Financial education, especially when provided in the early stages of life, has the potential to create long-lasting impacts. Intuitively, financial education provides useful tools to people of all ages, yet empirical evidence for this impact is thin and often mixed. This project tests two financial education curricula for primary school students. Specifically, it measures the impact of financial education on student behavior attitudes, and outcomes.
The evaluation was conducted over the course of one school year, from September 2010 to August 2011, in partnership with Aflatoun, a Dutch NGO providing social and financial education to children in 33 countries.
The study included 5,000 primary school students aged 9 - 14 in 135 public schools in semi-urban and rural Ghana, including 30 schools in Greater Accra, 60 in Volta, and 45 in Western District. One-third of the schools in each region were randomly assigned to each of three different groups: the Aflatoun program, Honest Money Box (HMB) intervention, or a comparison group without treatment. The Aflatoun curriculum includes lessons about planning, budgeting, saving, proper spending, as well as self-esteem building exercises. The HMB intervention, in contrast, is solely focused on financial education and is designed to provide a comparison for Aflatoun’s social curriculum.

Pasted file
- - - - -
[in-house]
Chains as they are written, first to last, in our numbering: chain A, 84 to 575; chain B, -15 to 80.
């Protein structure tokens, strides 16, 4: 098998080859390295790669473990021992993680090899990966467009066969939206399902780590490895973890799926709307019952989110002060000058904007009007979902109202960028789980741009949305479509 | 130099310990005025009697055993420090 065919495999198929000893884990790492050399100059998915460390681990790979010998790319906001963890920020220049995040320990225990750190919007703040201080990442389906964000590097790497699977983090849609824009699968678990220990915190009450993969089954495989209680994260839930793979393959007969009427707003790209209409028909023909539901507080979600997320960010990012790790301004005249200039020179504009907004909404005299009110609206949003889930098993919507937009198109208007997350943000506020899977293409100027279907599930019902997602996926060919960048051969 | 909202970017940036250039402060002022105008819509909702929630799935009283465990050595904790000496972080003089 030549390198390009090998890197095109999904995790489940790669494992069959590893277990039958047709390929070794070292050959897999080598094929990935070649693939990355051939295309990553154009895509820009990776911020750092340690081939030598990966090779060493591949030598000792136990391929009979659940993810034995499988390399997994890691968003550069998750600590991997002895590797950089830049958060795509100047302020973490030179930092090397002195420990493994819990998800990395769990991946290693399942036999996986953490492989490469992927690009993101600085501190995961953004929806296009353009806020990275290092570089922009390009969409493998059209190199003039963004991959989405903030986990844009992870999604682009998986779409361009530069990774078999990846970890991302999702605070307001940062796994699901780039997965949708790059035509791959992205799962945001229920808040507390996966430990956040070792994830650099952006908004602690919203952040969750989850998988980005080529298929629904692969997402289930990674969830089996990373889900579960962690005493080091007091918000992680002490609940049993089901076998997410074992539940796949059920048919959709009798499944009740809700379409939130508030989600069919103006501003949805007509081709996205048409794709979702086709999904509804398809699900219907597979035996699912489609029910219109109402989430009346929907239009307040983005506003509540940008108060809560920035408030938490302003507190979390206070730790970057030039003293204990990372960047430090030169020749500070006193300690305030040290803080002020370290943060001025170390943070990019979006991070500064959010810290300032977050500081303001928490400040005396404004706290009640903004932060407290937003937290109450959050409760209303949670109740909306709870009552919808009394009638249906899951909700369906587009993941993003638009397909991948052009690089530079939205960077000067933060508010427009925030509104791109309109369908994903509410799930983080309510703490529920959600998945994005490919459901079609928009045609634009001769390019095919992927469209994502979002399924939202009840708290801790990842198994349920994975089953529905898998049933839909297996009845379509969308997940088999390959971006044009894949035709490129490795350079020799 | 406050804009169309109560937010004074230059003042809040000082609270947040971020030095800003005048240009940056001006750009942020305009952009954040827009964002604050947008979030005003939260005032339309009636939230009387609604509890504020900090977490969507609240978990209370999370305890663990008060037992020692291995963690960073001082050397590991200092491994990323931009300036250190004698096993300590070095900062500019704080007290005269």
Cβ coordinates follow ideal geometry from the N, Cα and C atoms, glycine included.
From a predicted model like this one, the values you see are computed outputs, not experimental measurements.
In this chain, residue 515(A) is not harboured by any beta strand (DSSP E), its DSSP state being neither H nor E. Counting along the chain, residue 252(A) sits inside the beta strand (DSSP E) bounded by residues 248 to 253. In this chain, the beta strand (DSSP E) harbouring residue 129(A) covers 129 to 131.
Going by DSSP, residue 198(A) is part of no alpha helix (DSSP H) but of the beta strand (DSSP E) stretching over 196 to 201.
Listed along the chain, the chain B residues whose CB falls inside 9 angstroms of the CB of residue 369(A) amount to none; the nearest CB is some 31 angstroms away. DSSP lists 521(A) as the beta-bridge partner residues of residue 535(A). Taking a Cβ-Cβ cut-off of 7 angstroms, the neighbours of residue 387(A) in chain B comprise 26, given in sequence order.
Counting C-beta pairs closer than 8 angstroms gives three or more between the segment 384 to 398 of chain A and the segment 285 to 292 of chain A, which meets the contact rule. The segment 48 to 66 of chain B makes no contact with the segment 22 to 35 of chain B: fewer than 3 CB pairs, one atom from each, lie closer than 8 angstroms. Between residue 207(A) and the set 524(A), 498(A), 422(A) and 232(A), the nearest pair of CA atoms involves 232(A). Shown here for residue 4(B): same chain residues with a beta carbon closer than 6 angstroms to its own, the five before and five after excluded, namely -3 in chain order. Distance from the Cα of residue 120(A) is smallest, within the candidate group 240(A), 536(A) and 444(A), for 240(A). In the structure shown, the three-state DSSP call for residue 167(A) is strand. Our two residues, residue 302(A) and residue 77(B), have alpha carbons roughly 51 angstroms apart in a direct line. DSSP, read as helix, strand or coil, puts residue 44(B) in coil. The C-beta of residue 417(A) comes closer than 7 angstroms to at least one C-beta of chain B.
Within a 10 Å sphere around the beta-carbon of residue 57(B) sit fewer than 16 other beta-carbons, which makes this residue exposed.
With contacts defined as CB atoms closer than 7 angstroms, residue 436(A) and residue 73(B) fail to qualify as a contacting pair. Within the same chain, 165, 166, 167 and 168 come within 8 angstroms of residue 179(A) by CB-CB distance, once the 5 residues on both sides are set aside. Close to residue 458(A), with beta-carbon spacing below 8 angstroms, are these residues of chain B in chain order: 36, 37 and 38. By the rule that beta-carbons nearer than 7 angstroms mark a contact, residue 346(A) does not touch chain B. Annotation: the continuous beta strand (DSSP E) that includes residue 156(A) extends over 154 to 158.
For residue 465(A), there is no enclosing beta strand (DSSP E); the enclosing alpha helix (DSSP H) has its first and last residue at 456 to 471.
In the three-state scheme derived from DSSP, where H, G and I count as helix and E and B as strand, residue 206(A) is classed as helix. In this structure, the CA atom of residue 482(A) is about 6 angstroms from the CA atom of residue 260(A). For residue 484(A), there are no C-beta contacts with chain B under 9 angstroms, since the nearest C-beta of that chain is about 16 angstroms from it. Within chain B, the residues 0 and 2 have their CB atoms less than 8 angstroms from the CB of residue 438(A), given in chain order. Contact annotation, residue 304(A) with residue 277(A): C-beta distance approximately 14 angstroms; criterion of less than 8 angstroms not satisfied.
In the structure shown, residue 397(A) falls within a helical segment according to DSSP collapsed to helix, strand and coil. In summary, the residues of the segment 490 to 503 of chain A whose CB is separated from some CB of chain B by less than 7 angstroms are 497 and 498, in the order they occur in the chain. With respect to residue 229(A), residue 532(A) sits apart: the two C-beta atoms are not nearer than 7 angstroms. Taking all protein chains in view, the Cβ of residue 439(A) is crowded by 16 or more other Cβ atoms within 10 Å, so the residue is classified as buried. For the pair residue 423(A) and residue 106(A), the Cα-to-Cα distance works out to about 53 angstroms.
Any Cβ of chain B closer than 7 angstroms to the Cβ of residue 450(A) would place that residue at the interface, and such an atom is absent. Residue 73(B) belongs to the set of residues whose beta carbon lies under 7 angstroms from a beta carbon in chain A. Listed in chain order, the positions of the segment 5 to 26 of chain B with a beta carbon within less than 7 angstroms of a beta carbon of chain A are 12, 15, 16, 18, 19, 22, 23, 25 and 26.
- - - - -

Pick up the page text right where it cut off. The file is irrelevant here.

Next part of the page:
Surveys collected data on financial well-being of students and their families, cognitive function, psycho-social measures, and perspectives on savings and time and risk preference.